The previous bidding in the government debate over new border wall construction seemed to come down to an offer of $5.7B from the President and one dollar from Nancy Pelosi. With those talks effectively turning into a stalemate, President Trump has been looking into alternate funding options, and it now appears that he’s latched onto something else. And that “something else” is big. We’re talking about nearly $13 billion and it would all be coming from the military. But not everyone is happy about it. (Reuters)
The U.S. Department of Defense is proposing to pay for President Donald Trump’s much-debated border wall by shifting funds away from projects that include $1.2 billion for schools, childcare centers and other facilities for military children, according to a list it has provided to lawmakers.
The Pentagon gave Congress a list on Monday that included $12.8 billion of construction projects for which it said funds could be redirected. Around 10 percent of the list relates to educational establishments and includes school buildings for the children of service members in places like Germany, Japan, Kentucky and Puerto Rico.
The move comes as a surprise given the Trump administration’s oft-touted support for the sacrifices made by military families and suggests the White House’s desire to build a wall on the border with Mexico outstrips nearly all other issues.
So how much of an impact would this shifting of funds have? That depends on which aspect of the military you’re talking about. In terms of operational readiness or the ability of deployed units to get their jobs done, it sounds like there would be little if any effect felt. This is all construction money, so it would probably delay the building of new facilities, such as schools and medical units, or upgrades and repairs.
Jeff Dunetz dug through some of the numbers and compiled a list of criteria the military used when developing this proposal.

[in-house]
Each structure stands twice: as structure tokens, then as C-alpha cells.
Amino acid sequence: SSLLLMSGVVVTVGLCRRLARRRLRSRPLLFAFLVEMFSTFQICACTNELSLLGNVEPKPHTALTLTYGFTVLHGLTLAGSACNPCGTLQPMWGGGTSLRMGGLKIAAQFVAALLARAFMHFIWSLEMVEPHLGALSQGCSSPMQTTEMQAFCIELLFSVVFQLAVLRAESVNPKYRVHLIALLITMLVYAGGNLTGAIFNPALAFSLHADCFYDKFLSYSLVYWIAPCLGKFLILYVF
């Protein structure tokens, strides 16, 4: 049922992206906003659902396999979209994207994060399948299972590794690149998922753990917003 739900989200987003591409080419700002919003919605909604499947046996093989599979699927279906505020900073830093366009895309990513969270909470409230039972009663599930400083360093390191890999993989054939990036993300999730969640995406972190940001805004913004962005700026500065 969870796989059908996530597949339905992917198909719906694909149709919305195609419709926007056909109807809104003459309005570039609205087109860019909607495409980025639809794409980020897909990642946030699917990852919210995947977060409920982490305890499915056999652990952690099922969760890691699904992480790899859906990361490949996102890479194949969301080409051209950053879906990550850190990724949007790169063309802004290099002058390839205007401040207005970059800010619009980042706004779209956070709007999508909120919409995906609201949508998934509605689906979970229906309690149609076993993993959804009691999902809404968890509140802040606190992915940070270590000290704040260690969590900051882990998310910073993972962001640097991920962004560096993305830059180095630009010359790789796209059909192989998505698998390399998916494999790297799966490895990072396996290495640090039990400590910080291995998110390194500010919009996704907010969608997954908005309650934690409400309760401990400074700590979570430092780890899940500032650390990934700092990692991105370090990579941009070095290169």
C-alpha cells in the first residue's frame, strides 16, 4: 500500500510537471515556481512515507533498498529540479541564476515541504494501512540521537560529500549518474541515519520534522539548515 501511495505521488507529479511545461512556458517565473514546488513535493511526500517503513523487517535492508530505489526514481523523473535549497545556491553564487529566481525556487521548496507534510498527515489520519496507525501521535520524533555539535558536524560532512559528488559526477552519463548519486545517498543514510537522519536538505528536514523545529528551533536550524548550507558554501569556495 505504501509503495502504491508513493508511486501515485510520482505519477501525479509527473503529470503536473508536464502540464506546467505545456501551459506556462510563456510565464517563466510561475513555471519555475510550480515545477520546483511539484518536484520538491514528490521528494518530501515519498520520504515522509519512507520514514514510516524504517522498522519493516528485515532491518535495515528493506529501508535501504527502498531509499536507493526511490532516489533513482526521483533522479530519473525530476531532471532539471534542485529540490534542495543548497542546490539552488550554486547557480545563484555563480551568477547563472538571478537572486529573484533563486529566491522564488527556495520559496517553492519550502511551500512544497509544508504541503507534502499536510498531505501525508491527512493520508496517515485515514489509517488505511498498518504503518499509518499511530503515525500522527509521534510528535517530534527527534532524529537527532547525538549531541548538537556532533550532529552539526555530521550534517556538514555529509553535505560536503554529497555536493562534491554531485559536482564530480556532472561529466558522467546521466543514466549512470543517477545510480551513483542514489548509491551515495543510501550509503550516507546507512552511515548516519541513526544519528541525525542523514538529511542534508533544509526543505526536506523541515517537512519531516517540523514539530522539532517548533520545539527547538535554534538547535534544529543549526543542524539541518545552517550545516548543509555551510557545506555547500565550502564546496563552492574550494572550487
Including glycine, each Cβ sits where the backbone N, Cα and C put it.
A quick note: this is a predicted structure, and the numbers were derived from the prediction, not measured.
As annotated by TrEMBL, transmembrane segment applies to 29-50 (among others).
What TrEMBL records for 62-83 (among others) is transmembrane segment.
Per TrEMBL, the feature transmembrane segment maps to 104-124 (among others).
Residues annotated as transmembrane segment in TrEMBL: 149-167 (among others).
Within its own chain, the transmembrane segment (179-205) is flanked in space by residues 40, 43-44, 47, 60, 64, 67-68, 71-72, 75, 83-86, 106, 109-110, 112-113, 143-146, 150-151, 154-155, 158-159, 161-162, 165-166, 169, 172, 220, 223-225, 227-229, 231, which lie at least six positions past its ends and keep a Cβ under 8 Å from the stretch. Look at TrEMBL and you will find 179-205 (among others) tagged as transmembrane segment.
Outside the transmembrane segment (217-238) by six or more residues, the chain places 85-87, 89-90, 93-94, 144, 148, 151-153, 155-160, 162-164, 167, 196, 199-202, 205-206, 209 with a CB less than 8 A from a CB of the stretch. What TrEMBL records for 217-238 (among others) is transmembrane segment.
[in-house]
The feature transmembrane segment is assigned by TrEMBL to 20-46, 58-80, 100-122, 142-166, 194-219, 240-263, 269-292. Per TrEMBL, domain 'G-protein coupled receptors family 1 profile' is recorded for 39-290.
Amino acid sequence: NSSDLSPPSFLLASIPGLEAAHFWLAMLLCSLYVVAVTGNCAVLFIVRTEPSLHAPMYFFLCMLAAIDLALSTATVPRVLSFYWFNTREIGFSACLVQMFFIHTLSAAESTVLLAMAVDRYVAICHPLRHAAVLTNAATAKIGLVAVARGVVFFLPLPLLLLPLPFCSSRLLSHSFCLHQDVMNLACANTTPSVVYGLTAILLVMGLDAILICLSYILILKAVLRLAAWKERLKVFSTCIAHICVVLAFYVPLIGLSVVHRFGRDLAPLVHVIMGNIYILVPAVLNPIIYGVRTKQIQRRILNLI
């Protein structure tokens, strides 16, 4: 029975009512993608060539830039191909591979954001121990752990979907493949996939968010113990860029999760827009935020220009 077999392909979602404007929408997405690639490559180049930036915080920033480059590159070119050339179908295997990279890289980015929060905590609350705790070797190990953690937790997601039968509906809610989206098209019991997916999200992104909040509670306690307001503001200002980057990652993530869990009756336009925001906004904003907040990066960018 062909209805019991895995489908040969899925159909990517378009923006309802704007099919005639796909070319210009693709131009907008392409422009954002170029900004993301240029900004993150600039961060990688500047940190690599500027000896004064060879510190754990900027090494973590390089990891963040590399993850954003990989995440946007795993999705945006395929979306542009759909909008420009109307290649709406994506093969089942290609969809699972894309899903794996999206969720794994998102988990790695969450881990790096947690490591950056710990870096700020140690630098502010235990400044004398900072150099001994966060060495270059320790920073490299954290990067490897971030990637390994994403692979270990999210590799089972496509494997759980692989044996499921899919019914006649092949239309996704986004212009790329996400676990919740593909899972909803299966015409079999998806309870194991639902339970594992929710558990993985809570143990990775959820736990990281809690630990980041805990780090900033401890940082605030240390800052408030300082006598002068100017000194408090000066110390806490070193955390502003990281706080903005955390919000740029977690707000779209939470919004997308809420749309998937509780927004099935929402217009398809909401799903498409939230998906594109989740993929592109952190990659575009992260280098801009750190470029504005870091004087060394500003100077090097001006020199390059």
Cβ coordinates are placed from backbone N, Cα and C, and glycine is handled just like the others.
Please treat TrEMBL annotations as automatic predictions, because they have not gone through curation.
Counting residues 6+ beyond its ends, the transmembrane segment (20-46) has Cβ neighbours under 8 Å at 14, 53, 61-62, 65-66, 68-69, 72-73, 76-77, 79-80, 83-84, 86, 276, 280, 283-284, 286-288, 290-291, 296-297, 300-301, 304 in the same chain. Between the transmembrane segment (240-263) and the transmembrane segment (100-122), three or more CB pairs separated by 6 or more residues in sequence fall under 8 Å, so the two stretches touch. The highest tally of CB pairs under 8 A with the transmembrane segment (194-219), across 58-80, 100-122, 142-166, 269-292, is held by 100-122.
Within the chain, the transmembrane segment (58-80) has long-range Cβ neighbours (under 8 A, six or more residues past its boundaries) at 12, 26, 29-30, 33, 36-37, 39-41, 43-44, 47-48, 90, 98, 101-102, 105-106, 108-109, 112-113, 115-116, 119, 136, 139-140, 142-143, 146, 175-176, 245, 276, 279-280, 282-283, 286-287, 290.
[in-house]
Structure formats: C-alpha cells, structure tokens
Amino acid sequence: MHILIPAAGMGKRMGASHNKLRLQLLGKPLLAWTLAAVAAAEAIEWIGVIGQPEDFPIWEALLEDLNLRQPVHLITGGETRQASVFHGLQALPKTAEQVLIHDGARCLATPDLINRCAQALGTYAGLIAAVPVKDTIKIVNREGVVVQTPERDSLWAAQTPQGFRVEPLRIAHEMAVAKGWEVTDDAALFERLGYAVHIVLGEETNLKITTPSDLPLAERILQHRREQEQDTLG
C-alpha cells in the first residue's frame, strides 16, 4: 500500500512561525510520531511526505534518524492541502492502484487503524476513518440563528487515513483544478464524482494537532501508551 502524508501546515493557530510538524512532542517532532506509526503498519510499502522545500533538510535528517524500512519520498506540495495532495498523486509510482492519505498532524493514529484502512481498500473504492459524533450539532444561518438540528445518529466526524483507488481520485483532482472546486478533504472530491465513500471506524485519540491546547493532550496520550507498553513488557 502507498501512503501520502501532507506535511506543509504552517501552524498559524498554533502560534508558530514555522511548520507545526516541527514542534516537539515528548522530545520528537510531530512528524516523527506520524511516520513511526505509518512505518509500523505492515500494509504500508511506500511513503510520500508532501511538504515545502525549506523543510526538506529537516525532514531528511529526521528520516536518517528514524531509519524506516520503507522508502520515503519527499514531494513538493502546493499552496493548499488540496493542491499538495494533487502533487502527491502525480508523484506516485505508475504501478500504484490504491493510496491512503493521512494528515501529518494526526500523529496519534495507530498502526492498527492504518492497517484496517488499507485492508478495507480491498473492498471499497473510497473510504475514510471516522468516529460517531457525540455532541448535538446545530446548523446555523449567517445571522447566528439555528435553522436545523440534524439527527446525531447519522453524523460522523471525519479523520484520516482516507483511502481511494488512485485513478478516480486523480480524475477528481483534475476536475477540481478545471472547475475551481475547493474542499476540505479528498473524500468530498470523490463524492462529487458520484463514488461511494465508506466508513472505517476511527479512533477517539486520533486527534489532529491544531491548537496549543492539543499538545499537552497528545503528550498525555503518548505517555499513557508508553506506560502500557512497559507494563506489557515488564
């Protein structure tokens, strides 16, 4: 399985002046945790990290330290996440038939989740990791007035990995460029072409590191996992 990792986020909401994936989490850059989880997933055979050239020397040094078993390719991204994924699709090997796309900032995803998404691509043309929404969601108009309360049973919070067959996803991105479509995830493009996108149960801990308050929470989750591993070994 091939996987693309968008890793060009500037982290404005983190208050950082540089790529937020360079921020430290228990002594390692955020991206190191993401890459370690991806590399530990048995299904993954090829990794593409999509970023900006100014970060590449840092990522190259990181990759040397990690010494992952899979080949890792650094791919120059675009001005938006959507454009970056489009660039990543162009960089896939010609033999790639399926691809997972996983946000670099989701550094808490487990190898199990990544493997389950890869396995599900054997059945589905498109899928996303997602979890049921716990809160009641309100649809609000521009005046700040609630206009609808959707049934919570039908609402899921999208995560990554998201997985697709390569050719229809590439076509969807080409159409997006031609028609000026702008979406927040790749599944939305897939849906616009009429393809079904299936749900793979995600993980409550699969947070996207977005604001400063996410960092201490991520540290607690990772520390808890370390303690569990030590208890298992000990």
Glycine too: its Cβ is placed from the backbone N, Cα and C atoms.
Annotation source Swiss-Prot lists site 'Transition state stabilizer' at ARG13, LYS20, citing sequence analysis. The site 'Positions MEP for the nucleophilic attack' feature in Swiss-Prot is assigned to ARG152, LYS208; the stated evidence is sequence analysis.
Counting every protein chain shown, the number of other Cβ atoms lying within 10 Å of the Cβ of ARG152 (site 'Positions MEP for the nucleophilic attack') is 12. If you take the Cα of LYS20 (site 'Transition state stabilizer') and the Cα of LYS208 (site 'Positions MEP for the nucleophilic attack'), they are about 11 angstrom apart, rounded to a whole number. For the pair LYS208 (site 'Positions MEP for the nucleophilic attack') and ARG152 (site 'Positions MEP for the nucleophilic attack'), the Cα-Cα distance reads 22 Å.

The Pentagon used the following criteria to come up with their list of funding possibilities:
– No military construction projects that already have been awarded and no military construction projects with FY 2019 award dates will be impacted.
– No military housing, barracks, or dormitory projects will be impacted.
– The pool of potential military construction projects from which funding could be reallocated to support the construction of border barrier are solely projects with award dates after September 30, 2019.
While most of the money identified comes from the fifty states, some of the projects identified are outside the fifty, including Guam, Guantanamo Bay Cuba, Norway, Hungary, Jordan, Japan, Qatar, the UK, and the UAE.
As with most questions involving funding, the “catastrophe” here comes more from the politics than the underlying reality. Nobody ever wants to see their funding cut or their projects delayed, and if any of the impacted units have been building their plans around these construction projects, they will undoubtedly be less than thrilled. And since we’re talking about almost $13 billion, you can’t make that much funding suddenly disappear without it having a visible impact.
But where do we want to place our priorities here? I’m sure every one of those other projects had already been justified since they were approved. But the President’s priority right now is making progress on the border wall, barrier, fence or whatever else we’re calling it these days. And he’s in charge of the military. Congress could defuse the military funding question this week if they really wanted to. Just cough up the $5.7B that’s been requested and move on to the next agenda item.